West argues over no-fly zone in Libya

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Western powers argued over imposing a proposed no-fly zone over Libya as rebels fighting Moamer Kadhafi's regime began organizing the trappings of parallel government in many towns.

The UN refugee agency said the situation on the Libya-Tunisia border was reaching crisis point as desperate expatriate workers pour across, fearful of a bloody rearguard action by diehard regime elements.

More than 100,000 people have already left Libya, according to conservative UN estimates.

Anger at authoritarian Arab regimes in the Middle East and North Africa raged from Algeria to Yemen and has spread to the previously unaffected Gulf states of Kuwait and Oman, unnerving financial markets around the world.

New York crude prices again breached $100 a barrel in early Asian trade Wednesday and Wall Street shares slumped, after Federal Reserve chief Ben Bernanke warned that high oil prices could spark inflation and hamper recovery.

Huge crowds poured into the centre of Yemen's capital Sanaa on Tuesday to protest at President Ali Abdullah, in power since 1978.

Saleh dismissed the demonstrations across the Middle East as "a storm orchestrated from Tel Aviv and under Washington's supervision".

Diplomatic maneuvering on Libya stepped up with the United Nations on Tuesday suspending the oil-rich state from its main human rights body, but the UN Security Council is split on the crisis.

Kadhafi is shouting defiance, although his regime now controls only some western areas around the capital and a few longtime bastions in the arid south. Key oil fields in the east have fallen to the opposition.

US Secretary of State Hillary Clinton said Libya was at a crossroads between progress to a "peaceful democracy" or "protracted civil war".

British Prime Minister David Cameron, a leading advocate of the no-fly option, said it was unacceptable for Kadhafi to "be murdering his own people, using aeroplanes and helicopter gunships and the like".

London said a no-fly zone did not necessarily require UN approval, but new French Foreign Minister Alain Juppe ruled out military action without a clear UN mandate, and Russia appears skeptical.

NATO intervention in Libya might be "extremely counter-productive" in the eyes of Arab public opinion, Juppe said, while top US military officials stressed the lack of international unanimity and the logistical problems.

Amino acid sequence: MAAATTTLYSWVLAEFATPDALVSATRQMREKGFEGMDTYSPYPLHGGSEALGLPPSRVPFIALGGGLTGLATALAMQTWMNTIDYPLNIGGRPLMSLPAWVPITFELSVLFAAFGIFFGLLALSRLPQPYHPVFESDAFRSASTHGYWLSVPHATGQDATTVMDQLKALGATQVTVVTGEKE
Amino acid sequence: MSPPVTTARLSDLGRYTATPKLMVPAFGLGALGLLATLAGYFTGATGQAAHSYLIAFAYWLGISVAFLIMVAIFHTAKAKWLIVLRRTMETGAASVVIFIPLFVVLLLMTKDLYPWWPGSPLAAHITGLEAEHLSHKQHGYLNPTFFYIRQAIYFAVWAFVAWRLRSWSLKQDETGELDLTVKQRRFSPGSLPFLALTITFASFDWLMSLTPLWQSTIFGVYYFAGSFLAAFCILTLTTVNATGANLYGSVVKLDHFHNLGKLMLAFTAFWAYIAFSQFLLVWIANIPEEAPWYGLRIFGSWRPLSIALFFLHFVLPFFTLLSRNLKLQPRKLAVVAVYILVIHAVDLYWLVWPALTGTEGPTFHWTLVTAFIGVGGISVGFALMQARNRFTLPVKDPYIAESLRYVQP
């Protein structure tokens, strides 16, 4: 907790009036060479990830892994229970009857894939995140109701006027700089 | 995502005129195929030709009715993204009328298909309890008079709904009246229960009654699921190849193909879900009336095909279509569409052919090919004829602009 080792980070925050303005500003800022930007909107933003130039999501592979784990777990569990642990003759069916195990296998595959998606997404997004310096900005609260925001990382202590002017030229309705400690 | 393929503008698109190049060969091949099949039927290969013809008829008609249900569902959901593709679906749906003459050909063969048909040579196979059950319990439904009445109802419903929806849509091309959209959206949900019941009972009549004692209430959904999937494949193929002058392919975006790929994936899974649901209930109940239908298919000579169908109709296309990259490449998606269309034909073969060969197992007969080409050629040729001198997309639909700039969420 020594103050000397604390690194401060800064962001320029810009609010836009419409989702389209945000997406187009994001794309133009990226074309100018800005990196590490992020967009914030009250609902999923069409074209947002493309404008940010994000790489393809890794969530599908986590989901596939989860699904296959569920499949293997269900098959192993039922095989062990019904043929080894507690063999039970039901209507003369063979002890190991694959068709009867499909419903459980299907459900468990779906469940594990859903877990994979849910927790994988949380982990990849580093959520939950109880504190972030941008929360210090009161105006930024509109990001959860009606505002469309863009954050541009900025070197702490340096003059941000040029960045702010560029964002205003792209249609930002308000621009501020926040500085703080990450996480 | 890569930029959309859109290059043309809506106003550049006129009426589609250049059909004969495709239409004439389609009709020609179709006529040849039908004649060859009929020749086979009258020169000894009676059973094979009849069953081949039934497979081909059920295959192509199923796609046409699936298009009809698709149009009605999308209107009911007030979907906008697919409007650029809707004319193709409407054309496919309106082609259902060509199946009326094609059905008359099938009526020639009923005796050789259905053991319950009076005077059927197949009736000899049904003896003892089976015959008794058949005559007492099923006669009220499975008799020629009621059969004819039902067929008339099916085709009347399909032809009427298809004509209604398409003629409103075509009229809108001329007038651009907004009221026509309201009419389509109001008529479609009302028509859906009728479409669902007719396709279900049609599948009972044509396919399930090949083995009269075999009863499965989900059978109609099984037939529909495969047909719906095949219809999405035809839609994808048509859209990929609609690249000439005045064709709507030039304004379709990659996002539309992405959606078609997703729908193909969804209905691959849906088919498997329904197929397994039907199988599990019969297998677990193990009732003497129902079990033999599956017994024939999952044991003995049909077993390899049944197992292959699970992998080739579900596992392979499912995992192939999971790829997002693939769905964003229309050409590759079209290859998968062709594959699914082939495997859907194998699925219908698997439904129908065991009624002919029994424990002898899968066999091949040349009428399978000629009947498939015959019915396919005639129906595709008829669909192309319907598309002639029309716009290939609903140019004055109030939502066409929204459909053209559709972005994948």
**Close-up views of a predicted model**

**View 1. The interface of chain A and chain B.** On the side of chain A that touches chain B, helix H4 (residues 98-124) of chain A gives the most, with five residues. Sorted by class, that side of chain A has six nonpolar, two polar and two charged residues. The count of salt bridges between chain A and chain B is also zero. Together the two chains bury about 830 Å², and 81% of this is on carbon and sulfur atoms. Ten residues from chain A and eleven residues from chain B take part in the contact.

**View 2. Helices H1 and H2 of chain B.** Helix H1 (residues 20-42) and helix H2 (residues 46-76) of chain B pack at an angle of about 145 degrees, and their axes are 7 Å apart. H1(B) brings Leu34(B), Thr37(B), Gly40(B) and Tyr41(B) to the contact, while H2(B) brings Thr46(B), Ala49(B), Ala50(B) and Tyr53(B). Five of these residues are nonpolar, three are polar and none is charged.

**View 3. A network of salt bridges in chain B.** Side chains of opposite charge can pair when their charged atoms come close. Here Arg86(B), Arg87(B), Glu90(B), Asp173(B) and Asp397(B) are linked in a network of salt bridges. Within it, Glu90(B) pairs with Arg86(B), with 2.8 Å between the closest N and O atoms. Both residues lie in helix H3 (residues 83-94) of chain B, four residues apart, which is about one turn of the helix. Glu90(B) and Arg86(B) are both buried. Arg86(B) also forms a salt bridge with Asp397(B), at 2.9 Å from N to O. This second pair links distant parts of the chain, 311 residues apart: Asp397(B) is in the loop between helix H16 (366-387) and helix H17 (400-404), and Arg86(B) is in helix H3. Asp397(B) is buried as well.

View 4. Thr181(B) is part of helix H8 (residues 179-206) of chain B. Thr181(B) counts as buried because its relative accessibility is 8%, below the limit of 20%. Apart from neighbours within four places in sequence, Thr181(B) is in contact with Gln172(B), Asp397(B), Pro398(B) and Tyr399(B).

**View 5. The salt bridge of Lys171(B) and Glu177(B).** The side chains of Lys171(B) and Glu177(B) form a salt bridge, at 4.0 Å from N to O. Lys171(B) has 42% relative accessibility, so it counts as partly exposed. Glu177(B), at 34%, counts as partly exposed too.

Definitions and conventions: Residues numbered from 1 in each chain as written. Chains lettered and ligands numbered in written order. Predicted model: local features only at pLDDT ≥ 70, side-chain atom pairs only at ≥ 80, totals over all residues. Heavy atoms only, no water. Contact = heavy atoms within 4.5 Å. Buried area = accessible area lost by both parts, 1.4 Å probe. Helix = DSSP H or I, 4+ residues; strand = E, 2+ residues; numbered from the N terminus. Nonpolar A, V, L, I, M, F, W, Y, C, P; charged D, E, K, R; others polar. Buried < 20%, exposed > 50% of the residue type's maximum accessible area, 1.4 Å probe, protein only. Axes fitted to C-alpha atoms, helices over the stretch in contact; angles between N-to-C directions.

Although Kadhafi's military is badly outgunned by US and NATO aircraft, the regime has dozens of surface-to-air missiles that could target invading warplanes.

"We also have to think about frankly the use of the US military in another country in the Middle East," US Defense Secretary Robert Gates said.

Rebels in Benghazi said they had formed a military council in the eastern Libyan city, the hotbed of the uprising against Kadhafi's four-decade iron rule.

The council will liaise with similar groups in other eastern cities, the rebels said, but it was not immediately clear if there were plans for a regional command.

Salwa Bughaighi, a member of the coalition trying to run Benghazi, said they would seek a no-fly zone to prevent Kadhafi from reinforcing his strongholds in Tripoli and Sirte.

Other people privy to rebel discussions in Benghazi said they were losing hope that the popular uprising could topple Kadhafi and were inclined to ask for foreign air strikes, perhaps under a UN mandate, on strategic targets.

The no-fly option received backing from the exiled crown prince of Libya, Mohammed el-Senussi, who said military action should go no further than that.

"Let me be clear. There is a difference between a no-fly zone and military intervention, and the Libyan people do not seek external military involvement on the ground," he said in London.

"That will not bring about the peace and freedom that we crave."

As local councils wrestled with how to get public services running again, many protesters fear their disorganized forces will be outgunned by Kadhafi's militias if they try to strike out to the west from their stronghold in the east.

Overnight, pro-Kadhafi militiamen were repulsed after attempting to retake Zawiyah, a middle-class dormitory town just 60 kilometers (40 miles) west of Tripoli where several of the leader's lieutenants have homes, residents said.

But troops loyal to Kadhafi at the Wazin border post near Tunisia, which had been deserted by the police and military since Sunday, were reinforced on Tuesday, witnesses said.

And rebels in Zintan, 145 kilometers (70 miles) southwest of Tripoli, were bracing for an assault by Kadhafi forces to retake the city, the first in western Libya to throw off his rule.

General Sultan Yehia, in charge of a group of men with mismatched uniforms in Ajdabiya, the westernmost town fully controlled by opposition forces, said finishing off Kadhafi's forces was not an option.

"We are preparing ourselves to defend but not to go on the attack," said the mustachioed old soldier, who finds himself on the frontline of an anti-regime movement that has spread far and wide through the Arab world.

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